Imagine you have a tame wormhole, the two mouths are held open by a pair of special devices. Send a signal through, and it arrives instantly. Take one device into space, and it carries its end of the wormhole with it, the other end stays with the second device still in your lab. The wormhole means you have instant two-way comms regardless of distance.

    But now accelerate the ship at relativistic velocities for a decade. Time dilation, caused by relativity, means the ship and it’s contents age more slowly than the wormhole device still on Earth. But apparently general relativity says the two ends of the wormhole share the same frame of reference. Ie, there’s no SF-show effect like one side of the wormhole sees the other… talking… very… slowly. Sharing the same frame of reference means they must age at the same rate.

    So the ship must be experiencing relativist time dilation, and ageing more slowly than Earth… But because of the wormhole connection, the ship must also be ageing at the same rate as Earth.

    How to reconcile the two? This is the part where it gets head-spinny. According to general relativity, each end of the wormhole stays linked to the other end when it was the same age.

    How to visualise this: Draw a 2d graph. Y-axis is time (T) on Earth. X-axis is distance between the two wormhole devices. At T=0yrs, the two devices are side-by-side, linked directly to each other. Ie, the wormhole is a horizontal line between them.

    As the ship accelerates away, it experiences time dilation relative to Earth, so it ages more slowly, and its wormhole device remains connected to the Earth-device at the same age. So at T=10 years, the two devices are lightyears apart, the Earth end has aged 10 years, the ship end has aged, say, 5 years.

    The ship end is now connected to the Earth-device at T=5 years. The Earth-device at T=10 years is connected to the ship whenever the ship-device has aged 10 years. The womhole line is now diagonal, not horizontal.

    Bring the ship back home, and the two devices are side by side again at T=20 years. The Earth-device is 20 years old, but the ship-device has aged just 10 years. So, because the wormholes are (must be!) connected to the other end of the same age, they are no longer connected directly to each other, even though they are sitting back in the same lab! The ship-device is connected to Earth-device 10 years in the past. The Earth-device is connected to the ship-device 10 years in its future.

    So send a signal through the Earth-device at T=20 years, and won’t emerge from the ship-device until T=30 years. Send it through again, and it arrives in T=40, 50, 60, as far in the future as the wormhole exists… (On your graph, it’s a saw tooth pattern.) Send a signal back through the ship-device from T=30, and it arrives back at T=20. Send it again, and it emerges from the Earth-device at T=10 years – before the ship-device had even returned!

    While you might argue, “Well just don’t accelerate it relativistically (or at least, don’t bring it back) and there’s no paradox!” but it doesn’t make any difference. The fact that you can do this is all that matters.

    I’ve used years of time dilation to make it obvious, even a few nanoseconds time difference is enough to create a bench-top temporal paradox.

    First the non-paradox version: You’ve seen those bench-top laser experiments. Prisms and mirrors and so on. In this one, we have a laser that sends a beam that bounces off a mirror back onto a photodiode swtich. When the beam hits the photodiode, it turns off the laser. What happens? The laser beam switches on and off at a rate determined the distance between the laser/mirror/photodiode. A few metres gap and it switches on/off at around 50MHz.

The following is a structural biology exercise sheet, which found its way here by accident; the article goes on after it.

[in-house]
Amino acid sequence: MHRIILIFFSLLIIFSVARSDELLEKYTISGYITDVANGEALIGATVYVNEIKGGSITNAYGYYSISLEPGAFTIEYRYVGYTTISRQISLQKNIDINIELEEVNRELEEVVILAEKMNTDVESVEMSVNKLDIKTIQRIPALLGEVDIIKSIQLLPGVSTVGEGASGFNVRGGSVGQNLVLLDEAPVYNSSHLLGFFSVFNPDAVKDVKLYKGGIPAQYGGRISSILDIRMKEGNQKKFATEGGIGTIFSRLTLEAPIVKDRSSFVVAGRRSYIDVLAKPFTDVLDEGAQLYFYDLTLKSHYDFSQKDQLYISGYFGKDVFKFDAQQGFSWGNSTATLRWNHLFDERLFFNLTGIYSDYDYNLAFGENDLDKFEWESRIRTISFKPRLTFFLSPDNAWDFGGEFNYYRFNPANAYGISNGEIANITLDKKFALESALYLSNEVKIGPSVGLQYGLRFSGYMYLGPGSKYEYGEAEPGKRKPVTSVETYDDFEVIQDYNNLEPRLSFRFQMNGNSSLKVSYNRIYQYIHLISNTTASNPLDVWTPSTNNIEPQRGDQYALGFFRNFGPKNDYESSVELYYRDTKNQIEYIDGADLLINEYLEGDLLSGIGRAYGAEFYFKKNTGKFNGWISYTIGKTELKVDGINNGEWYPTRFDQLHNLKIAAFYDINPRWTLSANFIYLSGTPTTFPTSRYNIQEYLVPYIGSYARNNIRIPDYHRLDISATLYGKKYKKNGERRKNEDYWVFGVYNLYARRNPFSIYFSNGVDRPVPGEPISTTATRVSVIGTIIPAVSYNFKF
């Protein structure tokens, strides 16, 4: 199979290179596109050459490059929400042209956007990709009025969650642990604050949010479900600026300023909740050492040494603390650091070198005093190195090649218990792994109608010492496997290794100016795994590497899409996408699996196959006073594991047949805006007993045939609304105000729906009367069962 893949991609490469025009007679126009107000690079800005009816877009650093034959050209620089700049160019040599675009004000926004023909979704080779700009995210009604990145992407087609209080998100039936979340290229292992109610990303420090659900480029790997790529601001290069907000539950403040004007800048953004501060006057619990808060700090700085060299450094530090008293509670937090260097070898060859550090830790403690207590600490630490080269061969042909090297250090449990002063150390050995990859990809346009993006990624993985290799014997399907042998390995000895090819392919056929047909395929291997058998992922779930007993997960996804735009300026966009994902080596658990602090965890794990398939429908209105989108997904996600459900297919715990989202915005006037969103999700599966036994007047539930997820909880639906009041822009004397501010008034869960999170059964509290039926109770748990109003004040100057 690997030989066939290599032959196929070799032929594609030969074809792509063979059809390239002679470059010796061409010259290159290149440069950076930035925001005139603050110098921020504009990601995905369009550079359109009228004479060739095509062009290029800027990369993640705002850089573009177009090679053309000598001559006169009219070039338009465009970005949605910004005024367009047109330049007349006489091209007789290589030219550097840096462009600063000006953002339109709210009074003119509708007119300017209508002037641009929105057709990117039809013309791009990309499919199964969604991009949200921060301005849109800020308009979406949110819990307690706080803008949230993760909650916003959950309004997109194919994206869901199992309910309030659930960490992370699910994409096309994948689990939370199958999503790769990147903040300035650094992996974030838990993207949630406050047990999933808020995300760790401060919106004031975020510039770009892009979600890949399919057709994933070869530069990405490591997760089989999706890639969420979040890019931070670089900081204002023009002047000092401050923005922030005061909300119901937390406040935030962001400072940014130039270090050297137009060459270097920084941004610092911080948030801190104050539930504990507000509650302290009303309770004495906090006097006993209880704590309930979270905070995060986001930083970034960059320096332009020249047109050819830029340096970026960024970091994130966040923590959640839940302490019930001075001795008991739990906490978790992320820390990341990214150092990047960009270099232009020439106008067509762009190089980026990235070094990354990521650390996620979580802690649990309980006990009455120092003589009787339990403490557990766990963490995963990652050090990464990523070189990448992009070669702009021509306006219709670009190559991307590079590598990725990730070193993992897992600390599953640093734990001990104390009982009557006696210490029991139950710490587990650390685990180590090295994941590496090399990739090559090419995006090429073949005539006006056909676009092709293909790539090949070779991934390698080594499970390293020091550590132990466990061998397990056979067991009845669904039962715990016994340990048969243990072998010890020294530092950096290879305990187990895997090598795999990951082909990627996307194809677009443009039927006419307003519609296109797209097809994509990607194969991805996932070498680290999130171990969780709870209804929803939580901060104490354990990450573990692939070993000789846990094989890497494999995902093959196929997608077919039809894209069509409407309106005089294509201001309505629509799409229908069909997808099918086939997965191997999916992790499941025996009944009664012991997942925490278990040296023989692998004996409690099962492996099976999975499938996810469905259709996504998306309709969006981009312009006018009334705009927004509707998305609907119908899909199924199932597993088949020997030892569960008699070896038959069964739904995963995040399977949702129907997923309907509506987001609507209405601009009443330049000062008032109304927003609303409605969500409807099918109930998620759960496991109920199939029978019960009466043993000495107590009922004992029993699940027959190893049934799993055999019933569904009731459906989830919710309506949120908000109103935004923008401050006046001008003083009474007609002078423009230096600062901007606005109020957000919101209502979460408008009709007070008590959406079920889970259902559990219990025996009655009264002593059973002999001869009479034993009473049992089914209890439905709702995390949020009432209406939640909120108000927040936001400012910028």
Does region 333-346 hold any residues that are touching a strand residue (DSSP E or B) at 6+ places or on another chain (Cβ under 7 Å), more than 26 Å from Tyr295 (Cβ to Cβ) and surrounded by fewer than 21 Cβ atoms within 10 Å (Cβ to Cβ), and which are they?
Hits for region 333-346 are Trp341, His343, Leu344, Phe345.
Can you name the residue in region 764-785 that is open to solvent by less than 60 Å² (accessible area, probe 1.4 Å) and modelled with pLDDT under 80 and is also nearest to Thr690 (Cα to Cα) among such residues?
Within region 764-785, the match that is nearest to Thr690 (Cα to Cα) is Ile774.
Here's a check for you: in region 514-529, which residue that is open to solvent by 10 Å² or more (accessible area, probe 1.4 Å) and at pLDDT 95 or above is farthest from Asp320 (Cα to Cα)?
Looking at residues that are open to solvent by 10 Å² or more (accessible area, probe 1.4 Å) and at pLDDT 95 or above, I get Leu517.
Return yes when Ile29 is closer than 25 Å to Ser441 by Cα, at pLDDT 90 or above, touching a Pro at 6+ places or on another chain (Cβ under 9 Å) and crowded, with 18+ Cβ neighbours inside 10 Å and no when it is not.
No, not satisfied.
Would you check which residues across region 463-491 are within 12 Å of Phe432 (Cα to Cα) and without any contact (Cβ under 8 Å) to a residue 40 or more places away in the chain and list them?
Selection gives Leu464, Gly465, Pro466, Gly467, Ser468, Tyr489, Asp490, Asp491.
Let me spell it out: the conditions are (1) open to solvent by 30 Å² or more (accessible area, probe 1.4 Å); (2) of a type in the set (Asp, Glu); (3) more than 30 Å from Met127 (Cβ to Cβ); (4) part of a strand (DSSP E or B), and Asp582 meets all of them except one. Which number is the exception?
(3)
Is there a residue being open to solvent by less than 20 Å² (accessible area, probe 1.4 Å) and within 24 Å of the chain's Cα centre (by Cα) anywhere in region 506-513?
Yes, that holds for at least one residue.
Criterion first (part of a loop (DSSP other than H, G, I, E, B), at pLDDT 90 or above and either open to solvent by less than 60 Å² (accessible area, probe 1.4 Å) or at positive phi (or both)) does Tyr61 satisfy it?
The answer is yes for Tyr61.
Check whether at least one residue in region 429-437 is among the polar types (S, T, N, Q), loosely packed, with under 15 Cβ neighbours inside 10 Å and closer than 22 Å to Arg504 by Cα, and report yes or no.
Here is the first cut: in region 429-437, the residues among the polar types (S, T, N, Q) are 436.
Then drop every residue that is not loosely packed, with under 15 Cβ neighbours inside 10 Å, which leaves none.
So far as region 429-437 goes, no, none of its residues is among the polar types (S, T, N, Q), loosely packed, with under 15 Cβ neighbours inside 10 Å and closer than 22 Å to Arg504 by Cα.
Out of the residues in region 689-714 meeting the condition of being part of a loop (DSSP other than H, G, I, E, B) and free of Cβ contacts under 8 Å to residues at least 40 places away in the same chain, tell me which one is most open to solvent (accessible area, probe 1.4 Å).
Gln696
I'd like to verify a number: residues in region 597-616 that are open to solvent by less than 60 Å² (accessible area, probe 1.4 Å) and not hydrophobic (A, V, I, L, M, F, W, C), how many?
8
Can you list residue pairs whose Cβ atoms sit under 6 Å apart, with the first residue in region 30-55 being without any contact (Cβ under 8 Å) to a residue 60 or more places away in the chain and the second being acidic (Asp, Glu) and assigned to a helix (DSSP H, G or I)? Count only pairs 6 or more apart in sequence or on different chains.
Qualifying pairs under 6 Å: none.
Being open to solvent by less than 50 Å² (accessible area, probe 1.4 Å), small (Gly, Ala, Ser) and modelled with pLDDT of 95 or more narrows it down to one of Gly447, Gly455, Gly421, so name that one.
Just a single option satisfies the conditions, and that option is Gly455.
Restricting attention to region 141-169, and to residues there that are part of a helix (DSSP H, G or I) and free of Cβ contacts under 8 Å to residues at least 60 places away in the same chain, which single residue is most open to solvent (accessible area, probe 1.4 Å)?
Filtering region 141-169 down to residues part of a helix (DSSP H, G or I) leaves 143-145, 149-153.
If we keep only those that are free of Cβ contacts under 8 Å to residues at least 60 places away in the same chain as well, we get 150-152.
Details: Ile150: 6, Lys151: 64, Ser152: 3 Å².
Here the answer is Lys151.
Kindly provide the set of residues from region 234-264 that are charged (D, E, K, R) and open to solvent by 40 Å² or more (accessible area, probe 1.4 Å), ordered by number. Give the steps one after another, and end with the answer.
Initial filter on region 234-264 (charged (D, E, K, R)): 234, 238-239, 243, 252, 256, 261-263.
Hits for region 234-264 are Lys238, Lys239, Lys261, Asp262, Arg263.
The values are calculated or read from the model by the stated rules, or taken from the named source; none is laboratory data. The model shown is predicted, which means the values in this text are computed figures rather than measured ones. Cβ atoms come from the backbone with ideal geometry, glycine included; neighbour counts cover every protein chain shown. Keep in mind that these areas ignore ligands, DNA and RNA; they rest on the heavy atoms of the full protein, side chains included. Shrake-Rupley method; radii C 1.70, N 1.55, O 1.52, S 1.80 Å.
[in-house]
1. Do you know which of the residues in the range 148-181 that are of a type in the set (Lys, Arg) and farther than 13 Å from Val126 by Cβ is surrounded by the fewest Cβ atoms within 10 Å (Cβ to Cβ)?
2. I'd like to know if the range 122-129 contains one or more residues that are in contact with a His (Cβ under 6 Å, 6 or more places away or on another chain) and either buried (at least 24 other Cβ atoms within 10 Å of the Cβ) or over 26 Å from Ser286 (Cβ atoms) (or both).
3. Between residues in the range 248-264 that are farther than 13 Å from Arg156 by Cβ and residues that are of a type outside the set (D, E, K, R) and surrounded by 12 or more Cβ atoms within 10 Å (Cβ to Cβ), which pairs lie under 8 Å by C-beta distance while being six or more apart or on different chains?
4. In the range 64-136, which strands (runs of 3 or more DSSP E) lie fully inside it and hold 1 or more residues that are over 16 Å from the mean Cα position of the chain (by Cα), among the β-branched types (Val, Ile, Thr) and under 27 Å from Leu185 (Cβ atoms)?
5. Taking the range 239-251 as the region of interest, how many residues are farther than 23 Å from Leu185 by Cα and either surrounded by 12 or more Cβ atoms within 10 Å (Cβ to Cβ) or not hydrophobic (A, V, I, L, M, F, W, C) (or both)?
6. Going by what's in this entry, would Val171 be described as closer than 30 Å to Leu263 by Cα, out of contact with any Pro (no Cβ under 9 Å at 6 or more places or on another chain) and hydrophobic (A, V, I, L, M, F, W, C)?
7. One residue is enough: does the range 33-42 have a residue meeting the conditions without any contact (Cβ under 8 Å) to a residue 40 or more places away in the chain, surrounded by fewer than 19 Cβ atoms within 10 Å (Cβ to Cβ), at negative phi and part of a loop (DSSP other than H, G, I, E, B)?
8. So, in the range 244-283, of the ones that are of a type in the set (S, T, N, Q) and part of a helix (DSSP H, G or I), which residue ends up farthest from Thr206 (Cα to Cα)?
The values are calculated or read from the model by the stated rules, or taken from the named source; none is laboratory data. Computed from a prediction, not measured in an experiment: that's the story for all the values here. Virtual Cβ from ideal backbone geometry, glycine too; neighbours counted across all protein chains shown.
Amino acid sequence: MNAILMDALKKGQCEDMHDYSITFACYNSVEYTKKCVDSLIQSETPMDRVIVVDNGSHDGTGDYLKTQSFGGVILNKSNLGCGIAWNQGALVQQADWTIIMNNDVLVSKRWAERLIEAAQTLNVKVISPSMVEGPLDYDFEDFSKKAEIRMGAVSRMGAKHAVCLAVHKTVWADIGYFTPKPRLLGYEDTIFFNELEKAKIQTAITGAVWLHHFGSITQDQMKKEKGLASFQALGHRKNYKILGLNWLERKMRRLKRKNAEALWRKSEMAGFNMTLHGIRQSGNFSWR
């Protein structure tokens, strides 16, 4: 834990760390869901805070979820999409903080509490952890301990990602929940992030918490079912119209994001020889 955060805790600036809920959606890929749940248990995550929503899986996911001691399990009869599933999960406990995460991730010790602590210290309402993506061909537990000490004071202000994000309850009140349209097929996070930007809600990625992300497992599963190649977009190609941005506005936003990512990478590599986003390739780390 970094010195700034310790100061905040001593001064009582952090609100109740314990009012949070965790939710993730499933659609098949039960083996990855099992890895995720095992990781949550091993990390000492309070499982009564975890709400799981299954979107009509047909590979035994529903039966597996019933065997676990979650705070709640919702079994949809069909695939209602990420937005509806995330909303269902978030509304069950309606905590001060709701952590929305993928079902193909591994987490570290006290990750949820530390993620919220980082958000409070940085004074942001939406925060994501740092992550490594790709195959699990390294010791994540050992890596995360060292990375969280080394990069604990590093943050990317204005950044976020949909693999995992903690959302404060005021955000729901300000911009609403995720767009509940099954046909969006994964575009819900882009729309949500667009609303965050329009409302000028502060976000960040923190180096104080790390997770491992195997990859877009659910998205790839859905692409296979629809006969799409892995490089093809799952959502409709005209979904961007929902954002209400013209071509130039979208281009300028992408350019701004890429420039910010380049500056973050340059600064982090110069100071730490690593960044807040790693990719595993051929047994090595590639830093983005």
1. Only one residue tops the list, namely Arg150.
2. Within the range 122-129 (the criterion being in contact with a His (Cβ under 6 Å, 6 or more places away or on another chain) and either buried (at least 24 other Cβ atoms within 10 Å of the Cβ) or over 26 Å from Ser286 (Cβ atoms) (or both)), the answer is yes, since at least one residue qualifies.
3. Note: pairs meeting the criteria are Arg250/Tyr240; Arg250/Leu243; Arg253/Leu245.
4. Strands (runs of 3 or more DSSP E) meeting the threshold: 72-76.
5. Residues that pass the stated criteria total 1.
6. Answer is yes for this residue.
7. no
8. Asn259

Instead of a mirror, run the laser down a few kilometres of fibre-optic cable, then back onto the photodiode, and the signal takes about 1/100th of a second. So, ignoring any delays in the switch, the laser pulses at around 50 kHz. (Bounce the beam off the moon and it takes nearly three seconds to make the trip, giving a six second on-off cycle.)

    Now we take our two (table-top) wormhole devices. One gets flown around in a plane for awhile, or sits at the top of a mountain. Enough to build up a few nanoseconds of time dilation, thus a few nanoseconds time difference between the ends. (The one that ages slowest, I’ll call “the young end”.) We put the young end in front of the laser, and the old end in front of the photodiode.

    Turn on the laser, it sends a beam through the wormhole, back in time a few nanoseconds, then out the other side onto the photodiode. Same set up as before, but with a tiny bit of time-travel in between.

    Now look at it again from your point of view. You reach over and switch on the laser, a few nanoseconds before it turns on, a beam emerges from the old-end of the wormhole and hits the photodiode, turning the laser off before it had even turned on.

    Since your laser never got a chance to turn on, it didn’t send a beam into the wormhole. But if it didn’t, then there wouldn’t have been a beam turning it off, so it would have turned on, then there would have been a signal and it wouldn’t have turned on… etc etc etc. So if your laser didn’t turn on, where did the beam that turned it on come from? It changed its own past, prevented itself from coming into existence. This is the grandfather paradox stripped to its bones.

    As I said, I don’t know how to take this idea and turn it into a general case for all FTL/tachyons/etc, but apparently the same principle holds. You can turn any FTL system into a temporal paradox.

    The possible “out” is the Many Worlds hypothesis. That there are an infinity of alternative time-lines forking off each other. So the beam that turned off your laser experiment came from another time-line, another universe. Boo.

    tl;dr – commenters who write longer posts than the main article need to get a life/go to bed now.

  • Tom

    Interesting thoughts. :)

    IMHO, all time and space is local, on a mountain top, all electromagnetic based interaction is slower, and our known, observed space and time stretches according to that, as rulers shrink and expand, clocks ticking faster or slower.


    But its not a paradox, that we cant find mammoths there, its not a separated time zone, we could go up and hunt them down for example.

    Wormhole is an extreme thing… but i think it is similar to connecting between different time zones, one could see, the others time slowed down, while the other can see, the one’s time speeded up, as previously synchronized clocks now tick with a different rate.